They must be kept in a heated space 

Off grid systems typically use lead acid they can with stand -50F

As with any battery they are considered consumables and have a life time of 7-10 years  

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 Never know what completely to believe. Different sources tell us the pollution to create some of these EV's will never outweigh their savings. What I can honestly say again is the plant I used to work at had roughly 50 people with $100,000 a year jobs plus the mine and railway that produced the coal. This cost the consumer roughly .08 cents a kw. with prices across the board at $15 to $40 a megawatt.  I think now we pay 12 cents a kw. With prices all summer $60 to $120 a megawatt. We will pay more as soon as the public service raises the price again. Supposedly we had production jobs building windmills in Grand Forks ND and Aberdeen SD.  Those places closed down because of China. Only a fraction of the people required to babysit the windmills, Yet prices are double or even triple now. I don't have all the answers, but I do realize we are being screwed over. 

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1 hour ago, Art From Coleman said:

I would question a few of their facts about EVs. First would be the brake pad wear. EVs use regenerative braking that practically eliminates brake pad wear. Second would be the increased maintenance costs. There are no motor oil changes and no need for engine air filters. The complexity of an ICE drivetrain is much greater than the EV drivetrain. 
It also mentions there isn’t much internet in them. F150 Lightnings, Rivians and Teslas are all sold out well into 2023 and even 2024 in some cases. 
Lastly, it mentions needing a garage to have an EV charger. That is false, a charger can be installed outdoors. The Tesla superchargers are outdoors, some do have a roof covering similar to a gas station canopy but many do not. 

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5 hours ago, just Dave said:

have always thought of the family farm as the core strength of America, the stewards of the land. I am a little taken back by what I read here

Interesting that you bring up the family farm in this subject 

I live in Southern Michigan where for some odd reason they have decided they want to run a number of solar projects. The pictures below are results of this work. Some of these pictures were of fields being farmed until a year ago. Some others are where woods were cleared. Those fields have had so much done to them that you'll never be able to farm them again. So explain to me how turning your farm or property into this is helping the enviroment. You aren't growing crops or much more than grass underneath it that has to be mowed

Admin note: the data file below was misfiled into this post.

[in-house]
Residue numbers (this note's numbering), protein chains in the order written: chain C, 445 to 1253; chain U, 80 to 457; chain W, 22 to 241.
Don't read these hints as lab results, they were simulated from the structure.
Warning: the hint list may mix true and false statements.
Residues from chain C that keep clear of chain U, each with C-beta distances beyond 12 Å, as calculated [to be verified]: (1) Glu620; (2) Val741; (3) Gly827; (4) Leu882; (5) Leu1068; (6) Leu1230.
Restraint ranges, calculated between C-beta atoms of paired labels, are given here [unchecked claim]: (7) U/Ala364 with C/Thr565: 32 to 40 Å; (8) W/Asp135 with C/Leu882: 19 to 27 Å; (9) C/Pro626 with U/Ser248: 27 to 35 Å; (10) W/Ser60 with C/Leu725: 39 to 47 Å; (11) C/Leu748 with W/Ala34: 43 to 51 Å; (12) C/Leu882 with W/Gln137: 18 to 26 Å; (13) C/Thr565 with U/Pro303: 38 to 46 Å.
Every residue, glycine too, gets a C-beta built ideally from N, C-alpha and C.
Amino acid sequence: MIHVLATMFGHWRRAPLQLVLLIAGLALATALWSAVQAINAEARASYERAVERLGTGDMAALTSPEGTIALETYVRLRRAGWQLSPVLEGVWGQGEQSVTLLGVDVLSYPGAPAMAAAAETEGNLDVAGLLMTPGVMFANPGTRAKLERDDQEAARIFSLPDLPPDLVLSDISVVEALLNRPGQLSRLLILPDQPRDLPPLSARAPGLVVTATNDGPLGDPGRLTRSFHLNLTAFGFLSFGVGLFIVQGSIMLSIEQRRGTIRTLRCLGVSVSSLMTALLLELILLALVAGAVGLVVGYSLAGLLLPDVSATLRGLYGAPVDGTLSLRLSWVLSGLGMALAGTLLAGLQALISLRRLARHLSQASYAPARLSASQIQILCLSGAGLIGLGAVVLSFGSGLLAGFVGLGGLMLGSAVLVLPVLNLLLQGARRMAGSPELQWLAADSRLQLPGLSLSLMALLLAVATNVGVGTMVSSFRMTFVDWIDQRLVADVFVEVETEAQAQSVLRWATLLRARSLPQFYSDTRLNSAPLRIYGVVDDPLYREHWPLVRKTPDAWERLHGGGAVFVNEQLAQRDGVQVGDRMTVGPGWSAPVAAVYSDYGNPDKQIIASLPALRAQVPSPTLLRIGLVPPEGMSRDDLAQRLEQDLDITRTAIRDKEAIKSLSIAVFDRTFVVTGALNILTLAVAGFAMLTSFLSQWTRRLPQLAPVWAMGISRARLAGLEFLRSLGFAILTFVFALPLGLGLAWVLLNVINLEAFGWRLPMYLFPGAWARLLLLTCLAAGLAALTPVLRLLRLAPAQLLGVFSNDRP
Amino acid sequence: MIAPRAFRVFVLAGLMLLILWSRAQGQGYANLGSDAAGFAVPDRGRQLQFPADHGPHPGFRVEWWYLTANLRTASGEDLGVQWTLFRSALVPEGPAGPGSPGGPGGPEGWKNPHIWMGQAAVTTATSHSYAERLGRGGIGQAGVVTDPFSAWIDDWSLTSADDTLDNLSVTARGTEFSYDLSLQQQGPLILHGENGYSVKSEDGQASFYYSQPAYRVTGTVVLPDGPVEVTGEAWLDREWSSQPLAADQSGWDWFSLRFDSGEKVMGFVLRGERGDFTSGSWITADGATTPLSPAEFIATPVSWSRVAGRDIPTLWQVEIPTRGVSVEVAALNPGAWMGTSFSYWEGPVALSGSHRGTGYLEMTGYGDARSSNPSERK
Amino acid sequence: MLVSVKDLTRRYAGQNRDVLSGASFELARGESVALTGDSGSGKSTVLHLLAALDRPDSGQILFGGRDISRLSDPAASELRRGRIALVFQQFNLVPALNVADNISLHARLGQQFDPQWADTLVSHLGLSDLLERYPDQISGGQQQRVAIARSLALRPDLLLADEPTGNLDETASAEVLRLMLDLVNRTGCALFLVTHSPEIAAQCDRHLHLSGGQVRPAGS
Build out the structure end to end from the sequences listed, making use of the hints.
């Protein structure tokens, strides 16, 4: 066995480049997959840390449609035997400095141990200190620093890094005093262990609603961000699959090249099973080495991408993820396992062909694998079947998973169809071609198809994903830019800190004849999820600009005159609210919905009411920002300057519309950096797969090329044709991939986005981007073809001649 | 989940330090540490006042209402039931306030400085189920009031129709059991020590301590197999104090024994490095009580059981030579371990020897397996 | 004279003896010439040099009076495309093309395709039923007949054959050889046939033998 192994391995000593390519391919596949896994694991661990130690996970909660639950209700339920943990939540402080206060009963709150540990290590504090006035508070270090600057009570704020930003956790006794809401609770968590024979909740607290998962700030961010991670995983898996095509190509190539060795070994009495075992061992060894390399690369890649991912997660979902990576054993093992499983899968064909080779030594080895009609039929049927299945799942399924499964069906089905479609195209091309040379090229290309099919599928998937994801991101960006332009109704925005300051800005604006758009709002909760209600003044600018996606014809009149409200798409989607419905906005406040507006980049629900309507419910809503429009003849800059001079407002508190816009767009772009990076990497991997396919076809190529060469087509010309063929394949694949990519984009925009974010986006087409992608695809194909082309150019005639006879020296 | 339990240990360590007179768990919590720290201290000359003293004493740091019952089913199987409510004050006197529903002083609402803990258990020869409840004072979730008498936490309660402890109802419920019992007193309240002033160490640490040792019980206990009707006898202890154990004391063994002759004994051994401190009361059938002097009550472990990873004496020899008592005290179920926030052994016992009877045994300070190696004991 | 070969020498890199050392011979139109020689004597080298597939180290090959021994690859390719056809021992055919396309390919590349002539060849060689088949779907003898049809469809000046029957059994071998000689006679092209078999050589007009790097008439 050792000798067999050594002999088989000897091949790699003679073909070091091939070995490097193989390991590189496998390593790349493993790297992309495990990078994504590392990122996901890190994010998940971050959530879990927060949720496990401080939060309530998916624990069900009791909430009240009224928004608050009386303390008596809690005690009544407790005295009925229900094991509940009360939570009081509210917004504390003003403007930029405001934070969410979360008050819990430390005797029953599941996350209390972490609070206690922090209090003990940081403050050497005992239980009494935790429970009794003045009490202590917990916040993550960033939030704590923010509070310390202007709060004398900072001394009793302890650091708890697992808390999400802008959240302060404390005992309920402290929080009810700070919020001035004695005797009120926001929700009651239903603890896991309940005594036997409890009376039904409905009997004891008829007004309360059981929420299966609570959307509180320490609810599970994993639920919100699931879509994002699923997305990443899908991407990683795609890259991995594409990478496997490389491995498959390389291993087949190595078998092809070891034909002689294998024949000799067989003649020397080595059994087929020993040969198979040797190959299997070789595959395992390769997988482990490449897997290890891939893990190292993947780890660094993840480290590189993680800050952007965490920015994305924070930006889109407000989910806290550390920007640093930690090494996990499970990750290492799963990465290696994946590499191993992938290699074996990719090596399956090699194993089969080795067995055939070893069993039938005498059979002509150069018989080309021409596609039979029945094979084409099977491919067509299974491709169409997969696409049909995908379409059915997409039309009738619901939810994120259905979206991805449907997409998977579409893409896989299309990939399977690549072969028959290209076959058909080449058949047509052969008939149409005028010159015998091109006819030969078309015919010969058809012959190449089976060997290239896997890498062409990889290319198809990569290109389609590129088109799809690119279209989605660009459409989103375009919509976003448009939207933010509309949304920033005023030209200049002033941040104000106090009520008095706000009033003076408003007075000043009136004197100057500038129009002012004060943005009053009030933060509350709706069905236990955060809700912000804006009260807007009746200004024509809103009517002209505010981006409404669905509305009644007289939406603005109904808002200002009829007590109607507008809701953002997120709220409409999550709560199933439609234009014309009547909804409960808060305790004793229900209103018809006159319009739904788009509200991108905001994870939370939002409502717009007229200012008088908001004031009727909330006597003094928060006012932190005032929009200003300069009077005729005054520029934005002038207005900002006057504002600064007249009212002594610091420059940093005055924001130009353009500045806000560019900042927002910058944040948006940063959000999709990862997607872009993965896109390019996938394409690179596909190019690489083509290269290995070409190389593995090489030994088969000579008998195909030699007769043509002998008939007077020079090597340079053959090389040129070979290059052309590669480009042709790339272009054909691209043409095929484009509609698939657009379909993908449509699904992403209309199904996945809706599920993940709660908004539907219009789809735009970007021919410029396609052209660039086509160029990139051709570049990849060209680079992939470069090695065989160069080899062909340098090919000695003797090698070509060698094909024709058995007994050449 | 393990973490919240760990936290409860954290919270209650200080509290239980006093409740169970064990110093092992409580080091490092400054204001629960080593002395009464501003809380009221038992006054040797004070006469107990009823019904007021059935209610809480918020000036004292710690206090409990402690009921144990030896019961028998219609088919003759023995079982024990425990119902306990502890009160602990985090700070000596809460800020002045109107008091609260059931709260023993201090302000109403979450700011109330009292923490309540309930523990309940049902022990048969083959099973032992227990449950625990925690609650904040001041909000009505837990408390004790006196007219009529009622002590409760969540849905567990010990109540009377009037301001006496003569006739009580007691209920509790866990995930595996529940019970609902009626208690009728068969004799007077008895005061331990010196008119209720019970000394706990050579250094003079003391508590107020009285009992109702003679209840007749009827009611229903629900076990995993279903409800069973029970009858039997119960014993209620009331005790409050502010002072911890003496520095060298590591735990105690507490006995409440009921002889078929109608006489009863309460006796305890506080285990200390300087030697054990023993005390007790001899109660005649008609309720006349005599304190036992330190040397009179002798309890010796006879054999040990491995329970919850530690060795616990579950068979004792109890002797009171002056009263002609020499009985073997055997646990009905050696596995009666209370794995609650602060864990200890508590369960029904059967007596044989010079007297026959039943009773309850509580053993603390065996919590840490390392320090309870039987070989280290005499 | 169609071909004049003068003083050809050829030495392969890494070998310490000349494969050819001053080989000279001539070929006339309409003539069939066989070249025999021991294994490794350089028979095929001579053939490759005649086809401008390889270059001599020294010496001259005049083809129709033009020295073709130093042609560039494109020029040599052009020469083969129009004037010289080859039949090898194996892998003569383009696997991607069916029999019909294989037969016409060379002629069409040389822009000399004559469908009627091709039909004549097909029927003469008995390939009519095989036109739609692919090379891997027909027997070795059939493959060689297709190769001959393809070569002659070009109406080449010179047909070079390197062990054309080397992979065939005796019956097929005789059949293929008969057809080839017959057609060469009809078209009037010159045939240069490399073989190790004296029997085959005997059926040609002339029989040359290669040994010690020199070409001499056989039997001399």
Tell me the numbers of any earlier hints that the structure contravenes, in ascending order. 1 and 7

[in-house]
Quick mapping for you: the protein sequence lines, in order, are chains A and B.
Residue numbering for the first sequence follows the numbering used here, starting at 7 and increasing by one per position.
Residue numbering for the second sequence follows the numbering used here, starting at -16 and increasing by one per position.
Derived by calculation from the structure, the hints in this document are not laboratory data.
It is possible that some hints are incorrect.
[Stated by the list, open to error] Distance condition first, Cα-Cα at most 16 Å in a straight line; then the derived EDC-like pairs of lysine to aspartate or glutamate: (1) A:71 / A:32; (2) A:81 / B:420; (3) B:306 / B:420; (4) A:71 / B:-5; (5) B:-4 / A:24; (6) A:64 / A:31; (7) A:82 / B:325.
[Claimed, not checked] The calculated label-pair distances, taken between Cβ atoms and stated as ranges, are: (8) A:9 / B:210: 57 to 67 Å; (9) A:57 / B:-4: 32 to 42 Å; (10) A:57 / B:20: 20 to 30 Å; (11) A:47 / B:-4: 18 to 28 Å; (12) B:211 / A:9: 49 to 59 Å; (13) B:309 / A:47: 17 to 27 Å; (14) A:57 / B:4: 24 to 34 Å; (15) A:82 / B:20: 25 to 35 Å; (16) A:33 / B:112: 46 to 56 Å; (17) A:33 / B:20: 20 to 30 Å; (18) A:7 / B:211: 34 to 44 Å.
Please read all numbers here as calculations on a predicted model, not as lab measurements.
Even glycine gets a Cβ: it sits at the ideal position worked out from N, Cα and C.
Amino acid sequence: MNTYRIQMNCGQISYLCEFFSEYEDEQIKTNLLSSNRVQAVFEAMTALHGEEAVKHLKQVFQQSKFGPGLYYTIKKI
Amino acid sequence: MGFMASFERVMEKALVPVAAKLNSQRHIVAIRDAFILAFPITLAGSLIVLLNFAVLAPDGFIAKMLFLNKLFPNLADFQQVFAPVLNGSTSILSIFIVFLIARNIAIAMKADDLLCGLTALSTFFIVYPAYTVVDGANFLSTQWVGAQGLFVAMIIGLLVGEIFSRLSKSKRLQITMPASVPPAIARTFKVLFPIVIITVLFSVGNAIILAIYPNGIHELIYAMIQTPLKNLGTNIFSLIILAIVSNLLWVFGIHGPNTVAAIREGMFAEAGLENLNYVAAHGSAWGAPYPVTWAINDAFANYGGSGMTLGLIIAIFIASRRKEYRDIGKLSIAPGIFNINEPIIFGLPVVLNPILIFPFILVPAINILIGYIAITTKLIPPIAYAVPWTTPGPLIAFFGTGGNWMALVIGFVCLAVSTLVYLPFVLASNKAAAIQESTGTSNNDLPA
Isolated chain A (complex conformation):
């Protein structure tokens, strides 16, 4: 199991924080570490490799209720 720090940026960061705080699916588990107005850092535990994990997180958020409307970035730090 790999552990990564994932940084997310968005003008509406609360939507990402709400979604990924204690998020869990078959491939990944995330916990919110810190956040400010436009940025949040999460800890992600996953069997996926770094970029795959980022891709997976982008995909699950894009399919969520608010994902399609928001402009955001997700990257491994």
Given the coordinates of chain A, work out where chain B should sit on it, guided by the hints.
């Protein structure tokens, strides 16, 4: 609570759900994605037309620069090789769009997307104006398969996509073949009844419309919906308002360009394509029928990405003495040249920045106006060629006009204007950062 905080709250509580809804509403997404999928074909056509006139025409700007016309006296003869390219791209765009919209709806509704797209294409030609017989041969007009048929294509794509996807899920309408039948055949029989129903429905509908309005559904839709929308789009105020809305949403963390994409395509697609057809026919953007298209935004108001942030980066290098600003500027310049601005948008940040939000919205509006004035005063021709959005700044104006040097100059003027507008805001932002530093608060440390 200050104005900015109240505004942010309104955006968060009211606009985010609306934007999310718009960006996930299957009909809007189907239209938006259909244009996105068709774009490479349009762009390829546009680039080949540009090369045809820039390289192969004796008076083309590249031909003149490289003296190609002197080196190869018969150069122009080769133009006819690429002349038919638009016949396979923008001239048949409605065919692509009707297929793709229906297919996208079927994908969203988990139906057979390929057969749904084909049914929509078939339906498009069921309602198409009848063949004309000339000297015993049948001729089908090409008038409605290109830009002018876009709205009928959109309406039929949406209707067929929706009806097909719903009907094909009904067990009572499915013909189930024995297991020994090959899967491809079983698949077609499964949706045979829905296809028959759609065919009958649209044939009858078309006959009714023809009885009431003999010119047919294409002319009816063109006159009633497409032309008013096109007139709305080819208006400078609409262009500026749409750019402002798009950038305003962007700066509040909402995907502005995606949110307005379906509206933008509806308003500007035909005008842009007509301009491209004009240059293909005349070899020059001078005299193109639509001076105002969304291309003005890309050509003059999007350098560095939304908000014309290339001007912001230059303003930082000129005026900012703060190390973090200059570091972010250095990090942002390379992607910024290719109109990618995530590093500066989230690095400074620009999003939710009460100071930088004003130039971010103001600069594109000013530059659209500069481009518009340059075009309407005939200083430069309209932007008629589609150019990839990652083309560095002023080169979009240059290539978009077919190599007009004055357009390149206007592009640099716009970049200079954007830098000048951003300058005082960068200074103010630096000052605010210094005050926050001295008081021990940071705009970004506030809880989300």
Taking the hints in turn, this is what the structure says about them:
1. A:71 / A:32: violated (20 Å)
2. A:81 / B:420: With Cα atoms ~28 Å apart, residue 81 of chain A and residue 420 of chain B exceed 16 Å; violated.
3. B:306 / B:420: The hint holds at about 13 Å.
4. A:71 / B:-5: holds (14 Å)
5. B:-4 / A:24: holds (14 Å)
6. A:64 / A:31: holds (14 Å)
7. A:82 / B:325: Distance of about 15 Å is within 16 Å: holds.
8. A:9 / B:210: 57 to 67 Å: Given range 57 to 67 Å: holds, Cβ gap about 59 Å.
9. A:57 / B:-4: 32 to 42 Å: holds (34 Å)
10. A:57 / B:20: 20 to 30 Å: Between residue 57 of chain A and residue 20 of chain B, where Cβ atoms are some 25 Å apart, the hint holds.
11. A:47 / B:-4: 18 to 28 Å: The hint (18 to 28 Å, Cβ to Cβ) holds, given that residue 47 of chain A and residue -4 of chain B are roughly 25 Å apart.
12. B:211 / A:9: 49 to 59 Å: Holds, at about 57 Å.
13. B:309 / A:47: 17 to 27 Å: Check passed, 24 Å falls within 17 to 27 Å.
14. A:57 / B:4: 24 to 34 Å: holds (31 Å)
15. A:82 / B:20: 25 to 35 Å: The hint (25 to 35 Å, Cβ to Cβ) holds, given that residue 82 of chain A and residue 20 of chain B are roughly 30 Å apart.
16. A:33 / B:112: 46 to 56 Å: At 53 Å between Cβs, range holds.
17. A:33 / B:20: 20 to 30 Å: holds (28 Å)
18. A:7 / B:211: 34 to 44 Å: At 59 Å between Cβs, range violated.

One thing that has been glossed over in this Is the length of time between the 2 between chargups and fillups. I timmed myself a year ago putting 16 gallons of gas in my car to get roughly just shy of 400 mile range. Took me 5 minutes to do that which included doing the credit card work at the pump. Can you recharge a almost dead battery to full range in that short of time? Someone is going to argue that you recharge it when not in use. What about those of us that can travel that type of distance in one shot? How long do you have to sit before you get back on the road? I bet is more than 5 or 10 minutes. What do you do with that lost time while you're sitting there waiting for a battery charge?

One more thing is we are getting rid of our more dependable sources in favor of less Reliable means while adding more usage to it. Sounds a little screwey to me. 

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Taking farmland out of service for solar fields doesn’t make any sense. Near the IND Airport they have a large solar field. That location makes sense because it’s between interstate highways and the airport. There are also some solar fields in the areas inside the interstate exchanges. Another place where nothing else can really be done there.